The Phantom of the Open (2022) | Review


The ripple effect of Thatcher's "I believe that the job you do is fundamental to the future of Britain" era is still painstakingly carved into the realities of life in the United Kingdom in the present day. Among the disastrous fallout of her conscious cruelty were people losing their "meaningful" jobs, forced into looking further afield even in their older ages. Despite this, there was hope. There were people like Maurice Flitcroft, the subject of Craig Roberts' third feature film, who dared to dream in undreamable Britain. 

The undeniably compelling Mark Rylance steps into the golf shoes of Flitcroft, who crept his way into The British Open Golf Championship Qualifying round in 1976 and dared to believe he might have a shot at his dream. As eccentric as the film's muse, Roberts captures the beautiful optimism of Maurice through the exquisite set design born from the mind of Sarah Finlay, whose previous work consists of 45 Years, Ammonite, Supernova and Juliet, Naked. It's often a risk to bring fantastical elements to a story so rooted in reality, but Maurice spends the whole film encouraging those around him that they must reach for the stars at every opportunity, and consequently, we must do the same. It's easy to go along with Rylance and the marvellous Sally Hawkins, who plays his equally endearing wife, Jean Flitcroft.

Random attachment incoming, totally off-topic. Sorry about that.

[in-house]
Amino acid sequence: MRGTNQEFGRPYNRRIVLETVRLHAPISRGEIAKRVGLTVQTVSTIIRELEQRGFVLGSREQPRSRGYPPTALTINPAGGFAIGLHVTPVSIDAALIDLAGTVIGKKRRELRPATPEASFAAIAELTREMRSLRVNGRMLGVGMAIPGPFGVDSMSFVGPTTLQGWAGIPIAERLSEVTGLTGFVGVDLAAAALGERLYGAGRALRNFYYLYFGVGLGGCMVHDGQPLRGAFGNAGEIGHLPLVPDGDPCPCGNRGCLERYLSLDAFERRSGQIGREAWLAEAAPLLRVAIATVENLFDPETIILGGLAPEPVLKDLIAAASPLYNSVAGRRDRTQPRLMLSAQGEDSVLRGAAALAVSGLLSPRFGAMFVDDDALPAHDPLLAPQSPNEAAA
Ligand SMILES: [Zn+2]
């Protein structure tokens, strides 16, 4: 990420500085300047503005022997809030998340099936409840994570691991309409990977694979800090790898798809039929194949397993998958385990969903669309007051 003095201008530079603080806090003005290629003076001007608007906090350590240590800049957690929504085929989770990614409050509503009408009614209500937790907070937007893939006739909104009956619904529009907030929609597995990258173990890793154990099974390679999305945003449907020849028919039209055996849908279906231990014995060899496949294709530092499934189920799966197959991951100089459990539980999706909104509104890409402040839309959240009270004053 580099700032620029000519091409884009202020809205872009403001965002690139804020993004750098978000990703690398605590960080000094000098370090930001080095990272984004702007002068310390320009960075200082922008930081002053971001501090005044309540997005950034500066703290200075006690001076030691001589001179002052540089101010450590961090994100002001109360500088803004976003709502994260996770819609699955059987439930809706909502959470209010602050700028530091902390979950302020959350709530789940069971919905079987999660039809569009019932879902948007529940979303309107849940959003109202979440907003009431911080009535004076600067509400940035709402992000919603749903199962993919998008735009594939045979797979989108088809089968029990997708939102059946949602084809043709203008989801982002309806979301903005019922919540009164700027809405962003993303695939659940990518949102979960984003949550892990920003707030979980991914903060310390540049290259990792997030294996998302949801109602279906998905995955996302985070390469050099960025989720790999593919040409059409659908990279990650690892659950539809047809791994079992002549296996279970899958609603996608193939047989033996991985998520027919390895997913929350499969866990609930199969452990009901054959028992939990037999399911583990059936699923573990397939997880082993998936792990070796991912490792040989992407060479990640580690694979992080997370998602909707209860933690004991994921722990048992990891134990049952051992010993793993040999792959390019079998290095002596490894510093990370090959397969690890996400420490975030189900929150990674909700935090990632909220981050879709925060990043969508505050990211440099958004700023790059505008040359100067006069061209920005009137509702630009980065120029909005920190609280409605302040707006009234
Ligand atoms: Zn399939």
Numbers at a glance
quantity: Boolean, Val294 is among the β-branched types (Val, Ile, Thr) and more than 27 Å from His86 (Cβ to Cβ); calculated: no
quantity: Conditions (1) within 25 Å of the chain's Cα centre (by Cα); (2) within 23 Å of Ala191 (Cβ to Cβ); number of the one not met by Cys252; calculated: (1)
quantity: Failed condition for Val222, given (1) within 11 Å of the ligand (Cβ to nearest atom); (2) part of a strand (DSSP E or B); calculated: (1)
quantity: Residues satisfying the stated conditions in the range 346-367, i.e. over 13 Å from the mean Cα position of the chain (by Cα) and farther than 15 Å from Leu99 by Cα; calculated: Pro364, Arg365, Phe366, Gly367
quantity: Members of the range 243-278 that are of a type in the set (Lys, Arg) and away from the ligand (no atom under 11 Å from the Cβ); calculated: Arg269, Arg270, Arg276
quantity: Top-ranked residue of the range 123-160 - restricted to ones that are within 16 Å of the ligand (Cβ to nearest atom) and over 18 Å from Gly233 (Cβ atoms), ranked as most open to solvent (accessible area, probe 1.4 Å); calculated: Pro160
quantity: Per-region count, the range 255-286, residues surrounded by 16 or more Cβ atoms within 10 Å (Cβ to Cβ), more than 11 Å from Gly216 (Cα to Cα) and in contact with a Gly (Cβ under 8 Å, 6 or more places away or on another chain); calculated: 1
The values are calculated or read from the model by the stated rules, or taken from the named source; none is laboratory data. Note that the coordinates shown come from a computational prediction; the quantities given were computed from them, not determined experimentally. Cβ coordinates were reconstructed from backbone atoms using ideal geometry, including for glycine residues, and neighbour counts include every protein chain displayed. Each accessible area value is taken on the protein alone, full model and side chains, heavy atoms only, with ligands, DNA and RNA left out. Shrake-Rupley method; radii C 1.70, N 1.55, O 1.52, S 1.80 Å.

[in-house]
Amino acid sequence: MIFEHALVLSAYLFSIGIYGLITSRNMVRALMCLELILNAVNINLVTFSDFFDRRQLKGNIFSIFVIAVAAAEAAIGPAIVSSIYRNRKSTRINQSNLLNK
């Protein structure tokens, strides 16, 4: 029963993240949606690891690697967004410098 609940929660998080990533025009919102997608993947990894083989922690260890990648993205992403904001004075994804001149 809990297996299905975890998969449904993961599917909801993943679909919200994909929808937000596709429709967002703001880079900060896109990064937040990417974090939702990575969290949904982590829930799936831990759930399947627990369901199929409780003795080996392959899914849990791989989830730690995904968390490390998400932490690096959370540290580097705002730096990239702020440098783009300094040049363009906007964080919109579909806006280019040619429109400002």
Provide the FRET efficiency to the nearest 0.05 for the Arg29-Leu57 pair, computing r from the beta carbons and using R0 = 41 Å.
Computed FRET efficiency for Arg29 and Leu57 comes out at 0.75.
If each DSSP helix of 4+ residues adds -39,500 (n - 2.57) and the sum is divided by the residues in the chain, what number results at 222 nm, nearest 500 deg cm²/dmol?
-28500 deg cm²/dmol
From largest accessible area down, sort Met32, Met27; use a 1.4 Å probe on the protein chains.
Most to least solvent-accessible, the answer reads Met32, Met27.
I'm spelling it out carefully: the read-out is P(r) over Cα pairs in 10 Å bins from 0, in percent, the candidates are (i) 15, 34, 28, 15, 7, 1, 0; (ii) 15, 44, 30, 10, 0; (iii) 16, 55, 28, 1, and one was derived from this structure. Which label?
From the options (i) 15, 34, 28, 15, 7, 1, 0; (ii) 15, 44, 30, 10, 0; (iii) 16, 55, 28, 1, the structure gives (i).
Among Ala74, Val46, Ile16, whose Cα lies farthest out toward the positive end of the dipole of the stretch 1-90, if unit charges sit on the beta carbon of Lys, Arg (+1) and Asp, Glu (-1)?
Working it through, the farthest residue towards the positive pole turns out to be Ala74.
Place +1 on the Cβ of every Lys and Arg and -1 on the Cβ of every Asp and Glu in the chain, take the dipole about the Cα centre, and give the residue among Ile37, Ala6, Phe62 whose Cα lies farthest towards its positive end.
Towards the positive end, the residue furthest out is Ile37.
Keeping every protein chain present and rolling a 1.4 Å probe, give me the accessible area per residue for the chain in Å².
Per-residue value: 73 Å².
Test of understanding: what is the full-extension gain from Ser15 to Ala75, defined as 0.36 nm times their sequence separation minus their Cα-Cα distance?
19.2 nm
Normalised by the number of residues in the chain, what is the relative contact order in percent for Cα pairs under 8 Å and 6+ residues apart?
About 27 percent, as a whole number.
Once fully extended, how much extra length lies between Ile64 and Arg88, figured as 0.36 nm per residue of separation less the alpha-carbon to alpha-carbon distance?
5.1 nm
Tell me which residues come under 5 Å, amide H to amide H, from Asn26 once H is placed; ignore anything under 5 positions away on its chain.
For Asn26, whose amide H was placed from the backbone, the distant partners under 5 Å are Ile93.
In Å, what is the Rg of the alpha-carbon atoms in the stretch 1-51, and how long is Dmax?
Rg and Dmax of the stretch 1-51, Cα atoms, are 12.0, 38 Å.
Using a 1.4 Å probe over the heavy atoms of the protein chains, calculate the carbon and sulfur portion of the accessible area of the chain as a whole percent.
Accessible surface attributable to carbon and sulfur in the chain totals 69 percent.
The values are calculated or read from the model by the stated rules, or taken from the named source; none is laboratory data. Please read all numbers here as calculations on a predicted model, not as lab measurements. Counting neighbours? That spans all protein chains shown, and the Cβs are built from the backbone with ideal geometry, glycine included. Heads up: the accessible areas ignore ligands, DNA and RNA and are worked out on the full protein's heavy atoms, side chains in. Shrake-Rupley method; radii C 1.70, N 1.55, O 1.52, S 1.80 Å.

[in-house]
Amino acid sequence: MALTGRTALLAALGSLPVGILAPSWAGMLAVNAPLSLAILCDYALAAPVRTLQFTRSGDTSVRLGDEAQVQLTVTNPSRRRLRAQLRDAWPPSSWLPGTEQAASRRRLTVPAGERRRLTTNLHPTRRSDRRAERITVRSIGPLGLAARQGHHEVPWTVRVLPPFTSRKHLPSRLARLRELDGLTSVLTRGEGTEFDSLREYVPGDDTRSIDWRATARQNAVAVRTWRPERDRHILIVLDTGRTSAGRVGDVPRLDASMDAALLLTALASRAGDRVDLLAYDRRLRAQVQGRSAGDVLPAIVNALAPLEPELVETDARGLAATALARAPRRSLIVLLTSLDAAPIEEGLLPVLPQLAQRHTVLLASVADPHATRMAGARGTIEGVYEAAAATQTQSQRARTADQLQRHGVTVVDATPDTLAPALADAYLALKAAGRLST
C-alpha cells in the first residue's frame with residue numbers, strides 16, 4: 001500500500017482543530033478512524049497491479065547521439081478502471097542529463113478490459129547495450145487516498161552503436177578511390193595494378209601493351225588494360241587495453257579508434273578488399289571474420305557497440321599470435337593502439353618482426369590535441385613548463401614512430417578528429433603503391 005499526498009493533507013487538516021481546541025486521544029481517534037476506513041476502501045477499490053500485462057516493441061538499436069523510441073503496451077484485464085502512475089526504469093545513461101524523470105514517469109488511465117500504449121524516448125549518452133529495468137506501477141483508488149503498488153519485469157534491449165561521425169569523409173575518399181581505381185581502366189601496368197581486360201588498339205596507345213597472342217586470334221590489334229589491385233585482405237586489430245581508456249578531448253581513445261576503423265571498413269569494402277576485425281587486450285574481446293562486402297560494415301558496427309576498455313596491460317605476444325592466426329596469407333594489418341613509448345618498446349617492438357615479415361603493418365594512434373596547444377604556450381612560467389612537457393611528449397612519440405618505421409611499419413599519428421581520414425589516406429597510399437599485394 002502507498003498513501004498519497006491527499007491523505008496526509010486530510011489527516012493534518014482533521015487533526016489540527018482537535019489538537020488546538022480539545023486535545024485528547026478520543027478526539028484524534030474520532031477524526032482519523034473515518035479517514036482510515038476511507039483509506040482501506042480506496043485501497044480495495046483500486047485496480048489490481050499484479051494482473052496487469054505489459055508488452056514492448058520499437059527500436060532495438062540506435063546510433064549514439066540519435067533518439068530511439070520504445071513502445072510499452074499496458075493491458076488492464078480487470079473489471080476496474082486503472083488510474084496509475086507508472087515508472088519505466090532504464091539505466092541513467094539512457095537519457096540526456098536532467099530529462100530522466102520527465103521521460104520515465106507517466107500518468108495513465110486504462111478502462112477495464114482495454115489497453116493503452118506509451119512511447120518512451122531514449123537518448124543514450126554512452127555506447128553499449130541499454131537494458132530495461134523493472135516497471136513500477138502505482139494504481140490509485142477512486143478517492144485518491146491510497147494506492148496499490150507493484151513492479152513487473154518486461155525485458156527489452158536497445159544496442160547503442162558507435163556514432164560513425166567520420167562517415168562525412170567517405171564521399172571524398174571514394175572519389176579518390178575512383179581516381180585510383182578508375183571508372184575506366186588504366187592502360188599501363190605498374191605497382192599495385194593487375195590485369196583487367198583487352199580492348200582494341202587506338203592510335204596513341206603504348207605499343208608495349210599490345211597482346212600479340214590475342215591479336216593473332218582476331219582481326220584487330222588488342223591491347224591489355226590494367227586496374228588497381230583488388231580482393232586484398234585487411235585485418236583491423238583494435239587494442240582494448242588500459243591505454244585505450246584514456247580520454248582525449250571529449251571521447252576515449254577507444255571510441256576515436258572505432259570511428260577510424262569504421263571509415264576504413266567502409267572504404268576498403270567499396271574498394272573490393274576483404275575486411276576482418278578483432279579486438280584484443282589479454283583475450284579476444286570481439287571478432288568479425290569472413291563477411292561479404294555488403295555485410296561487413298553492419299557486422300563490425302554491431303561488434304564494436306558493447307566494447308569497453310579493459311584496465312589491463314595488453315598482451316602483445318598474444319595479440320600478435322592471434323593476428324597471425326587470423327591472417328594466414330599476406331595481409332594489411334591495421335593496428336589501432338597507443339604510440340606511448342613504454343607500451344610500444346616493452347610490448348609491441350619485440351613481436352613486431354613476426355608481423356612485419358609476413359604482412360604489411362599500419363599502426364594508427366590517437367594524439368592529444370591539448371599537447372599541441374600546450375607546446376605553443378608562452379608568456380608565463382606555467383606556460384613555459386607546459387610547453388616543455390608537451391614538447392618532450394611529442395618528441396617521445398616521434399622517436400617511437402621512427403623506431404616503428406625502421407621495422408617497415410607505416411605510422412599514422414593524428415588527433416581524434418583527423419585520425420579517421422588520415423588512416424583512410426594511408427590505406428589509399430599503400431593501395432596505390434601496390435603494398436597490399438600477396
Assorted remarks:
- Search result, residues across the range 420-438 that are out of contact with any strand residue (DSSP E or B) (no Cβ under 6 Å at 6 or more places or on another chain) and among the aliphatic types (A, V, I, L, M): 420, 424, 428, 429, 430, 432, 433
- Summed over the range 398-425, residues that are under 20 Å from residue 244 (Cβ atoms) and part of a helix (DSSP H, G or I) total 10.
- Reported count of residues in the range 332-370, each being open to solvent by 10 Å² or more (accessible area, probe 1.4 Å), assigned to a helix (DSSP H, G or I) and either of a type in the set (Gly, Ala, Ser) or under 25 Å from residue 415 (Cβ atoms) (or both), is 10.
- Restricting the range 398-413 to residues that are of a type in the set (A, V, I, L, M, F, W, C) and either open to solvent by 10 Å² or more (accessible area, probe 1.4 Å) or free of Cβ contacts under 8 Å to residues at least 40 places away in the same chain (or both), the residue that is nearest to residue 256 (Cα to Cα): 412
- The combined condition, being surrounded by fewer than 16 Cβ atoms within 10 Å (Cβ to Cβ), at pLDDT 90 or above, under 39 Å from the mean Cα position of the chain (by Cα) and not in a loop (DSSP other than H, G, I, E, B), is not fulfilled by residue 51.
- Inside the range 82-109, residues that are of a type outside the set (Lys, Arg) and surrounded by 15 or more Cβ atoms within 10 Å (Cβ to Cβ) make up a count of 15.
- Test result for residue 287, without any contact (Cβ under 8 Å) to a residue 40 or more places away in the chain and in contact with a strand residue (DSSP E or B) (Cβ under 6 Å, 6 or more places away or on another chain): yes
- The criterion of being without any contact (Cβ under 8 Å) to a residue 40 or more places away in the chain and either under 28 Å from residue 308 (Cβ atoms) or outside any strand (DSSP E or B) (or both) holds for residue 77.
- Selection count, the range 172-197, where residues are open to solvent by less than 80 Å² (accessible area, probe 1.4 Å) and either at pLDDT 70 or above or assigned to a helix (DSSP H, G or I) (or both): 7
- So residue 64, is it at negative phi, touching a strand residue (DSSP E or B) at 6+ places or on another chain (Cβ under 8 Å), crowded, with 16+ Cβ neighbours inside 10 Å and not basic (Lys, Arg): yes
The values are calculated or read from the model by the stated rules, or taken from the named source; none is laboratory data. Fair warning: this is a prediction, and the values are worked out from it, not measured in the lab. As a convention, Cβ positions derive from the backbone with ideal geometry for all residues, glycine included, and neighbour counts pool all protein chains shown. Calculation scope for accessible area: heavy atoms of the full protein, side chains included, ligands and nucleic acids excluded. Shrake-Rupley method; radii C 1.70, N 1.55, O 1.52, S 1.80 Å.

Their world is beautiful, and we crave a slice of it for ourselves as we wrap ourselves inside the words of BAFTA-nominated Paddington 2 screenwriter Simon Farnaby, who penned the adapted book of the same name alongside Scott Murray. "At least you can say you tried" and "love your mistakes" are carved into our hearts, making us believe that we, too, deserve the unmeasurable determination inside of Maurice. 

Despite its comedy and warmth, it tackles the reality of class and societal expectations. The ever-present narrative question of "who gets to dream?" beats at the heart of the film, reminding us that there's a division between who gets to reap the rewards of success and who must live to survive. The way the world views dreams can be cruel, and Roberts acknowledges this without caving in to the temptation of cynicism. Flitcroft is both unshakable and human. Grounded in perseverance but seen in moments of silent privacy interrogating his mind for what everyone around him is seeing, the excellence of Rylance is on full display throughout. 

The Phantom of the Open is how going to the movies should feel: hopeful. If you're not smiling so wide your cheeks ache, you're meditating on the compassion on display. "Pick all the flowers you can while you're still young," and spend 106 minutes with Maurice Flitcroft when it hits the big screen. You'll be better for it. 

The Phantom of the Open hits US theaters on June 3rd 2022

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